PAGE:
Jill Davis, communications director for the Columbia Land Trust (CLT), agrees with the County’s safety concerns. She also concurred with Bezner’s history of the project, and said The Oregonian story was inaccurate*. The Oregonian reported that the CLT “from the beginning called it an amenity for both cyclists and pedestrians. It even widened the trail from the planned 6 feet to 8 feet to accommodate bikes.”

“Columbia Land Trust never promised that it would be open to bikes,” Davis shared with us today, “This sentence in the Oregonian is factually incorrect… Allowing bikes was never a guarantee. We cannot find any outreach materials that ever promised the Rosemont Trail would be a bike trail.” (*UPDATE: Davis now says that CLT’s Executive Director who was quoted in The Oregonian story, “inadvertently mischaracterized the history of the trail to the reporter”.)

As to why her group widened the trail from six to eight feet, Davis says that was done in order to “possibly” accomodate bike access “at some point in the future.”

Both Bezner and Davis say they’d ideally like to see bicycling on the path, but they each had a different outlook on whether or not that’s likely to ever happen. Davis says her group plans to collect data about how the path is being used then present it to the County in hopes of finding solutions to the “safety issues inherent on the Trail.” “Columbia Land Trust’s goal is for the Rosemont Trail to be usable by both bikers and pedestrians, and we will continue to work toward that end.”

But Bezner, although he says bike access on the path would be ideal, sounded less hopeful. “We are trying and actively working on this, but I don’t see an immediate solution,” he said. “I can’t make it wider and the easements don’t accomodate bikes. I just don’t think we’re going to have a solution that is going to get bikes on it any time soon.”

Clackamas County’s long term plans are to install bike lanes on Rosemont Road; but Bezner says improving bicycle access on Rosemont — whether it happens on the road or on the new trail — isn’t a high priority for the County right now. “It’s one of about 400 projects on the list,” he said, referring to the current update of their Transportation System Plan. “There is a lot of competition on that list. A lot of good projects.”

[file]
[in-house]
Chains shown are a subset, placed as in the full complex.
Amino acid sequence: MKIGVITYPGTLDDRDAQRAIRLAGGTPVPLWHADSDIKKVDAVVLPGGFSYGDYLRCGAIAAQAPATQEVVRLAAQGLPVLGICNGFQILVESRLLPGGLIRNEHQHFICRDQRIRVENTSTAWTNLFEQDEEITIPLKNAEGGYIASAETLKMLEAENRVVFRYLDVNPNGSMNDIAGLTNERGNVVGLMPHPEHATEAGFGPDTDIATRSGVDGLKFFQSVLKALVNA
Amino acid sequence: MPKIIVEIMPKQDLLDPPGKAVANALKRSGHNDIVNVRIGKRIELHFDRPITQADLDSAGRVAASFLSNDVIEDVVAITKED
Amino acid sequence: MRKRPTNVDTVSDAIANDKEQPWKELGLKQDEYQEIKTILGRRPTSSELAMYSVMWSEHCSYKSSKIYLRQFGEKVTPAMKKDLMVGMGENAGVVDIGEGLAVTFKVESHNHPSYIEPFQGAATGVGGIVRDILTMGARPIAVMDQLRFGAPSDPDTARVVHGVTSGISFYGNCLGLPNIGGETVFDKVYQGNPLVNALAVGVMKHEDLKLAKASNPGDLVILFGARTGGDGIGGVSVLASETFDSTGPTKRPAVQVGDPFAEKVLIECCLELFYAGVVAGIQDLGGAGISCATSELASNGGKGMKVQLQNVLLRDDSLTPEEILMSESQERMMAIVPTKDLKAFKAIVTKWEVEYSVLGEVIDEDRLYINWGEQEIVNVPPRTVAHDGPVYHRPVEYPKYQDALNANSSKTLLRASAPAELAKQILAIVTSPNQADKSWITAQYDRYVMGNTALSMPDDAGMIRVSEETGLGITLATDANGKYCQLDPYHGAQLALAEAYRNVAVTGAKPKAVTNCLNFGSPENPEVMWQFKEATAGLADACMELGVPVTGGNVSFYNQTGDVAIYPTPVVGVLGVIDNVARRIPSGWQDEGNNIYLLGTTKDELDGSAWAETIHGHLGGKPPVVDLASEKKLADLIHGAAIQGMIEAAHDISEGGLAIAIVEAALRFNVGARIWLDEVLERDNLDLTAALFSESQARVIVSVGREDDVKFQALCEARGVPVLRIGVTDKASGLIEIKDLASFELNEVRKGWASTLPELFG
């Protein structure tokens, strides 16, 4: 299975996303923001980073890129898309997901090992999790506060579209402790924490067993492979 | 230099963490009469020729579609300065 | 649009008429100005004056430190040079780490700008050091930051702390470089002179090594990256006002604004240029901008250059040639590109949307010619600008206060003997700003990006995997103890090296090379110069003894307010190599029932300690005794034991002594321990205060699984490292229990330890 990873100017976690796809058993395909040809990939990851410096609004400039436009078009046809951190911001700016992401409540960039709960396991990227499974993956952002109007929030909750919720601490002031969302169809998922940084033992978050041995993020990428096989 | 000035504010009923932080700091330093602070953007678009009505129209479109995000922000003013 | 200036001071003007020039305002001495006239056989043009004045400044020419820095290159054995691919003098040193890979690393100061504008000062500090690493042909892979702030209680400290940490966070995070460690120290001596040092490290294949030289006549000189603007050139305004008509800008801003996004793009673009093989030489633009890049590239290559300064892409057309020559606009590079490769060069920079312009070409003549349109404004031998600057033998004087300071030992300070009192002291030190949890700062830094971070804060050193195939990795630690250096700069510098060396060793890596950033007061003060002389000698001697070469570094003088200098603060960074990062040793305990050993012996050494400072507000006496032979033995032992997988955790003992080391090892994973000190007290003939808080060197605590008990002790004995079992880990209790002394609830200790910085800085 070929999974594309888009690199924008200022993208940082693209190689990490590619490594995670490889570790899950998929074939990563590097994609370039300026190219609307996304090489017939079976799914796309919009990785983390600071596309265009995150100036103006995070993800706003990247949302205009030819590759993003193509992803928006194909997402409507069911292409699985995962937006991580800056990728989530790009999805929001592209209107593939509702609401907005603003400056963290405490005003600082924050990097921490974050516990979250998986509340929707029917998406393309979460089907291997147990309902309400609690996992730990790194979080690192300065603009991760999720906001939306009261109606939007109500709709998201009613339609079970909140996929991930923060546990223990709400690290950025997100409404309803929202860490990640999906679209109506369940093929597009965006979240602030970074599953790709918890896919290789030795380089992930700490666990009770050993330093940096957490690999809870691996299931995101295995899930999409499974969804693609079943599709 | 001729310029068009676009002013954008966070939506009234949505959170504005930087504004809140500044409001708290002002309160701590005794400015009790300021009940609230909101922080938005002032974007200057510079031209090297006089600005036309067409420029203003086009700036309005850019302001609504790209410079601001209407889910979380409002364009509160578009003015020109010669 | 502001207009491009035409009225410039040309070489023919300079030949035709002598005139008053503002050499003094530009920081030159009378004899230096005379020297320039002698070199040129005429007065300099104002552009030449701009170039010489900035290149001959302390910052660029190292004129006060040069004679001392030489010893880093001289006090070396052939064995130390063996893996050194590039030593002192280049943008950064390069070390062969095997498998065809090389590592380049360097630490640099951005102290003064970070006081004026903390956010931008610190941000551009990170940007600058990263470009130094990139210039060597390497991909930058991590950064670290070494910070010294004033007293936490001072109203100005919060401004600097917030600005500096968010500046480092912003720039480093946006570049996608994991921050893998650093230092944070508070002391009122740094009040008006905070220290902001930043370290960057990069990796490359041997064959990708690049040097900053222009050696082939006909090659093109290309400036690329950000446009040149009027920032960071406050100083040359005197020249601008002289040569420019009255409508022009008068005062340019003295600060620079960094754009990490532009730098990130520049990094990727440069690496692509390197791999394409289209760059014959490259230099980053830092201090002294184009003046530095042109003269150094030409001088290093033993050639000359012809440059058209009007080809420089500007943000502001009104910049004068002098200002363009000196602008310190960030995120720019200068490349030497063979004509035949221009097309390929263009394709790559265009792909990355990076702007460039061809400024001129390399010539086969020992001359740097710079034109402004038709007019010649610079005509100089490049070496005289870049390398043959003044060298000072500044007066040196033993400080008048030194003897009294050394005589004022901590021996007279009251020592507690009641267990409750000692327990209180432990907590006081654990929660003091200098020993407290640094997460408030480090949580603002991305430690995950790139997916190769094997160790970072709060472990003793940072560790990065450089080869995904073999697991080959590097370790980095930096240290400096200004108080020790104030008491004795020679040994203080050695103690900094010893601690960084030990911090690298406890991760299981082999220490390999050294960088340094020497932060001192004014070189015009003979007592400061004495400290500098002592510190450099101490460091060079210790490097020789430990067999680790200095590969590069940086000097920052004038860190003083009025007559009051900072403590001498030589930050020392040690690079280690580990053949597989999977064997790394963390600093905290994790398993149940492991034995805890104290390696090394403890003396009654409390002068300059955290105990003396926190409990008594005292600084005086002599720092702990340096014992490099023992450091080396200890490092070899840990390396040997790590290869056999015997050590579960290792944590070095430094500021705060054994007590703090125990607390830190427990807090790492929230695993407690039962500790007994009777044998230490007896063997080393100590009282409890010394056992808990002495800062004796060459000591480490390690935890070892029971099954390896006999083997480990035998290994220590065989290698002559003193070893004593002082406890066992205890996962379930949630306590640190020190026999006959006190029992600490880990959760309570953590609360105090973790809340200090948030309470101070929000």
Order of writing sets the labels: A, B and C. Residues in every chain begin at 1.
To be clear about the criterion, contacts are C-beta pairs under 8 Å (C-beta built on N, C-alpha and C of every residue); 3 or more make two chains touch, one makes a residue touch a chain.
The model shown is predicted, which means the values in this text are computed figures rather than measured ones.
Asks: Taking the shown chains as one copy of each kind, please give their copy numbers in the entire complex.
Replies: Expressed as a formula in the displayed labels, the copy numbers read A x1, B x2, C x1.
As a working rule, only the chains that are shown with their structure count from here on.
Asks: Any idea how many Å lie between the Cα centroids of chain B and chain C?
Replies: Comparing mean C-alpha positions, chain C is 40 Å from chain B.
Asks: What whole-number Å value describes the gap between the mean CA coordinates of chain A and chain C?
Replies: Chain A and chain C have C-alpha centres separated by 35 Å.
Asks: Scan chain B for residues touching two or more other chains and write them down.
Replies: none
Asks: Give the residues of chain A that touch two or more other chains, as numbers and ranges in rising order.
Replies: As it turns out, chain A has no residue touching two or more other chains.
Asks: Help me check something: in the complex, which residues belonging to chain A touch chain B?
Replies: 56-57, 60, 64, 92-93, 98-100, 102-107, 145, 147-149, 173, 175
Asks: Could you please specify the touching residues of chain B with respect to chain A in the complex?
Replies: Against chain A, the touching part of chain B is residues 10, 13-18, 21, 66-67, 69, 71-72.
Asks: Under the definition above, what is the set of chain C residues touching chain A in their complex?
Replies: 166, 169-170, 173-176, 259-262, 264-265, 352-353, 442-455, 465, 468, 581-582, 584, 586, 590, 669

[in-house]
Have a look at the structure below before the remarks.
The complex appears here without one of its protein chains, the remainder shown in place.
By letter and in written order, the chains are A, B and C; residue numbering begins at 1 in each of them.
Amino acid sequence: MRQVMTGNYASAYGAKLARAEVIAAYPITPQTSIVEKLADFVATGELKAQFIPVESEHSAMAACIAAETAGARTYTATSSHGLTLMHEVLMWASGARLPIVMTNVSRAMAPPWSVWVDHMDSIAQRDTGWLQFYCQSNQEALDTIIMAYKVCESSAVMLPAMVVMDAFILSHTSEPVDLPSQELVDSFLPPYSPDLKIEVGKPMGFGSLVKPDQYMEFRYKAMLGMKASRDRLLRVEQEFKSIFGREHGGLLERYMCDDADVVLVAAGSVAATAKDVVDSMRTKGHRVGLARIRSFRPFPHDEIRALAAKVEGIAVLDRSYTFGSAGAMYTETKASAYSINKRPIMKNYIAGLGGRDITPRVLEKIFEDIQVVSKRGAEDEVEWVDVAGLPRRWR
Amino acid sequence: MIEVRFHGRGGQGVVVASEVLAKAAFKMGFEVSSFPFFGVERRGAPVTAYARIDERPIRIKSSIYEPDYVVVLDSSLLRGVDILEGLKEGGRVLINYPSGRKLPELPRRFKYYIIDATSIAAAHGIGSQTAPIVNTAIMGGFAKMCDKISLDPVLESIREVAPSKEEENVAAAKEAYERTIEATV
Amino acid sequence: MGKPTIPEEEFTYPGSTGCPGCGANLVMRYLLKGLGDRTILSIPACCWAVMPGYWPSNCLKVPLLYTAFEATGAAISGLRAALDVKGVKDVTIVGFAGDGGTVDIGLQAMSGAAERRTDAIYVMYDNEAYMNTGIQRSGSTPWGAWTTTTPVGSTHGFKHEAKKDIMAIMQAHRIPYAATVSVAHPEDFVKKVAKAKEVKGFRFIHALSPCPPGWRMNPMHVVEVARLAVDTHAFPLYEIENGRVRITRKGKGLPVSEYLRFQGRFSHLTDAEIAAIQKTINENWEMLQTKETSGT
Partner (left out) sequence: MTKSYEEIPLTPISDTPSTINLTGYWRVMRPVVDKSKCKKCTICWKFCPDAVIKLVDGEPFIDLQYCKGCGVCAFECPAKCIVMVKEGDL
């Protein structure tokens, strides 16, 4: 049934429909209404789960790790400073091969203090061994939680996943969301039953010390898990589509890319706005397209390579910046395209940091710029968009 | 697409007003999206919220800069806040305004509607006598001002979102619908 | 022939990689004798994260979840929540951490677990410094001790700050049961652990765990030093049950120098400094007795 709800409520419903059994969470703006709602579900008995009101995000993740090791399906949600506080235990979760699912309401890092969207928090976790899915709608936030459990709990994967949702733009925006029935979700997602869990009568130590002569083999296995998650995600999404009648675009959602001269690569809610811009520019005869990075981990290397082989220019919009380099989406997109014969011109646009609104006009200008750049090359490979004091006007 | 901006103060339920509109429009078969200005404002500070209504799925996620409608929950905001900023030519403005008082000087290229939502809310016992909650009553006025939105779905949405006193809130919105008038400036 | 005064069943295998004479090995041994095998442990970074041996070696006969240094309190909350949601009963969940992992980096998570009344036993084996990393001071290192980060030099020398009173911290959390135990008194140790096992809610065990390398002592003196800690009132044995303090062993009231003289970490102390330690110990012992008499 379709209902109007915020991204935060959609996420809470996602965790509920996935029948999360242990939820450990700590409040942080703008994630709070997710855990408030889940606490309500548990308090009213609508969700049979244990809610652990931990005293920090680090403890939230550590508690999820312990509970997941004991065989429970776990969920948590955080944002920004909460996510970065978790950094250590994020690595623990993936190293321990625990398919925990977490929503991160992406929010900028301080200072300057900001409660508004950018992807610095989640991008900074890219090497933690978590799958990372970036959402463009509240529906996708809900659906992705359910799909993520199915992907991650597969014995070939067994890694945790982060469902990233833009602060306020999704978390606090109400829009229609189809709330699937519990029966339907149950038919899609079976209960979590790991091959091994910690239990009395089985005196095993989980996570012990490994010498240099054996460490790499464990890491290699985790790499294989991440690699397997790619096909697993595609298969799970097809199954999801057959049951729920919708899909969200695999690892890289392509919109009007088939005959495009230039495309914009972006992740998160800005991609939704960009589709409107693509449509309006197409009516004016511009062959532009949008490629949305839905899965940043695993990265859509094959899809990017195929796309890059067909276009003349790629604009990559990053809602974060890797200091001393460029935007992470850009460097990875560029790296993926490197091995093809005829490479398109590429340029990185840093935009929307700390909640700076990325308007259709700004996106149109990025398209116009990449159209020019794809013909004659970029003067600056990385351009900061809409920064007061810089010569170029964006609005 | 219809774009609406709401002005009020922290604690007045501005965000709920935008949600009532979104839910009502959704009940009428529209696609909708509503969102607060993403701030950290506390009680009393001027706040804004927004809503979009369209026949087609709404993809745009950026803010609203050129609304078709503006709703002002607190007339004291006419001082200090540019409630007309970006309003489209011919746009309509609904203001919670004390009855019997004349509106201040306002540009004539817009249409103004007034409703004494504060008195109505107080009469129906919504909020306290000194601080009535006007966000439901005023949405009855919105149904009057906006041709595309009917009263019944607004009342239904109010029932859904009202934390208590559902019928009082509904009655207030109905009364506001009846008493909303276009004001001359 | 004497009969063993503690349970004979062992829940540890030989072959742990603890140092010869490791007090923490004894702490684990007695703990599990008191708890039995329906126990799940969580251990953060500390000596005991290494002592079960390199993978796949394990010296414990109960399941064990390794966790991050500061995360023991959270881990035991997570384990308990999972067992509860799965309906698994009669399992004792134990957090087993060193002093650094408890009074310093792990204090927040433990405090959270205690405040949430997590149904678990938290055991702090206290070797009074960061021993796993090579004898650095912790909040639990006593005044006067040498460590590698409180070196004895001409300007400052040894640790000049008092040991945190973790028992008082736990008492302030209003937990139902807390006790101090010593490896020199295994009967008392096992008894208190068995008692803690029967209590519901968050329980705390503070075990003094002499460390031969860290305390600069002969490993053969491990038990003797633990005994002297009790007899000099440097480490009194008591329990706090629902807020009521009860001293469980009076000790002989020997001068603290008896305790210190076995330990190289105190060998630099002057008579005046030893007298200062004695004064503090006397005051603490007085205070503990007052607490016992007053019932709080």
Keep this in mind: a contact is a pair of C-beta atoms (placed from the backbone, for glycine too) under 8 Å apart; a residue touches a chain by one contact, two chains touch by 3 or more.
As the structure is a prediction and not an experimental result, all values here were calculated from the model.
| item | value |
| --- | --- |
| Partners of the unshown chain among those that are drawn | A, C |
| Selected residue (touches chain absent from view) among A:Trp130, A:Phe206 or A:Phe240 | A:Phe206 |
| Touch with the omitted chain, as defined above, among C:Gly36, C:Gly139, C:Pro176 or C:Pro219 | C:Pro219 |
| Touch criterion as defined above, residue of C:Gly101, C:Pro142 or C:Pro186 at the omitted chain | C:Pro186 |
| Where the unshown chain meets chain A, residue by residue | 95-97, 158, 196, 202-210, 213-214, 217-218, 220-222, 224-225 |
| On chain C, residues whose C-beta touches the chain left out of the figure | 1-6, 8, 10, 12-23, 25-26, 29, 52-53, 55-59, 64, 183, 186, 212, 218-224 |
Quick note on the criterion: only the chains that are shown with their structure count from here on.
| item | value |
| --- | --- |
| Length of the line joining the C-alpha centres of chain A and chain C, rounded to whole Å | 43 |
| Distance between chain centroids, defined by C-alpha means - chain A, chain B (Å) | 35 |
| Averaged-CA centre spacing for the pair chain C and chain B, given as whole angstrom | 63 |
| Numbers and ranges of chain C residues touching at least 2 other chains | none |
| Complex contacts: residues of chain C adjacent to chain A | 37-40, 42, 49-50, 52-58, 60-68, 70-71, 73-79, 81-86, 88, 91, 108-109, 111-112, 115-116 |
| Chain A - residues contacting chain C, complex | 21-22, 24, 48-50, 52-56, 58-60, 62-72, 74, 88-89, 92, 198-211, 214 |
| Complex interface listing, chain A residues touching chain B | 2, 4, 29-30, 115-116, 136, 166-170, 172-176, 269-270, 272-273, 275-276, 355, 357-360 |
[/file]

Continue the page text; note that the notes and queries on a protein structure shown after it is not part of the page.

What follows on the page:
While there are surely a lot of other needs and projects on the County’s list, I doubt any of them can boast of $1 million in private investment that has led to a major new piece of infrastructure already on the ground. Not to mention one that prohibits bicycle use and perpetuates a lack of a safe bicycling connection where there could easily be one. Whether or not these facts move future bike access improvements in the Rosemont corridor up the County’s official priority list remains to be seen.

Stars aligning for a bike tourism boom in the Mt. Hood area

Stars aligning for a bike tourism boom in the Mt. Hood area

Sandy Ridge loop-5

Riders scope out routes at Sandy Ridge, a popular trail-riding
destination built specifically for mountain biking.
(Photos © J. Maus/BikePortland)

Nobody in Oregon gets more of its tourist dollar from bikes than the Mount Hood region, and people in eastern Multnomah and Clackamas counties are taking notice.

Whatever happens in the controversy about a planned mountain bike park near Timberline Lodge, the area seems to be thinking more and more about biking. Consider a few elements:

— Back in May a splashy Travel Oregon study grabbed the attention of city leaders by finding that 15 percent of travel expenditures in the Mt. Hood/Gorge area are bike-related: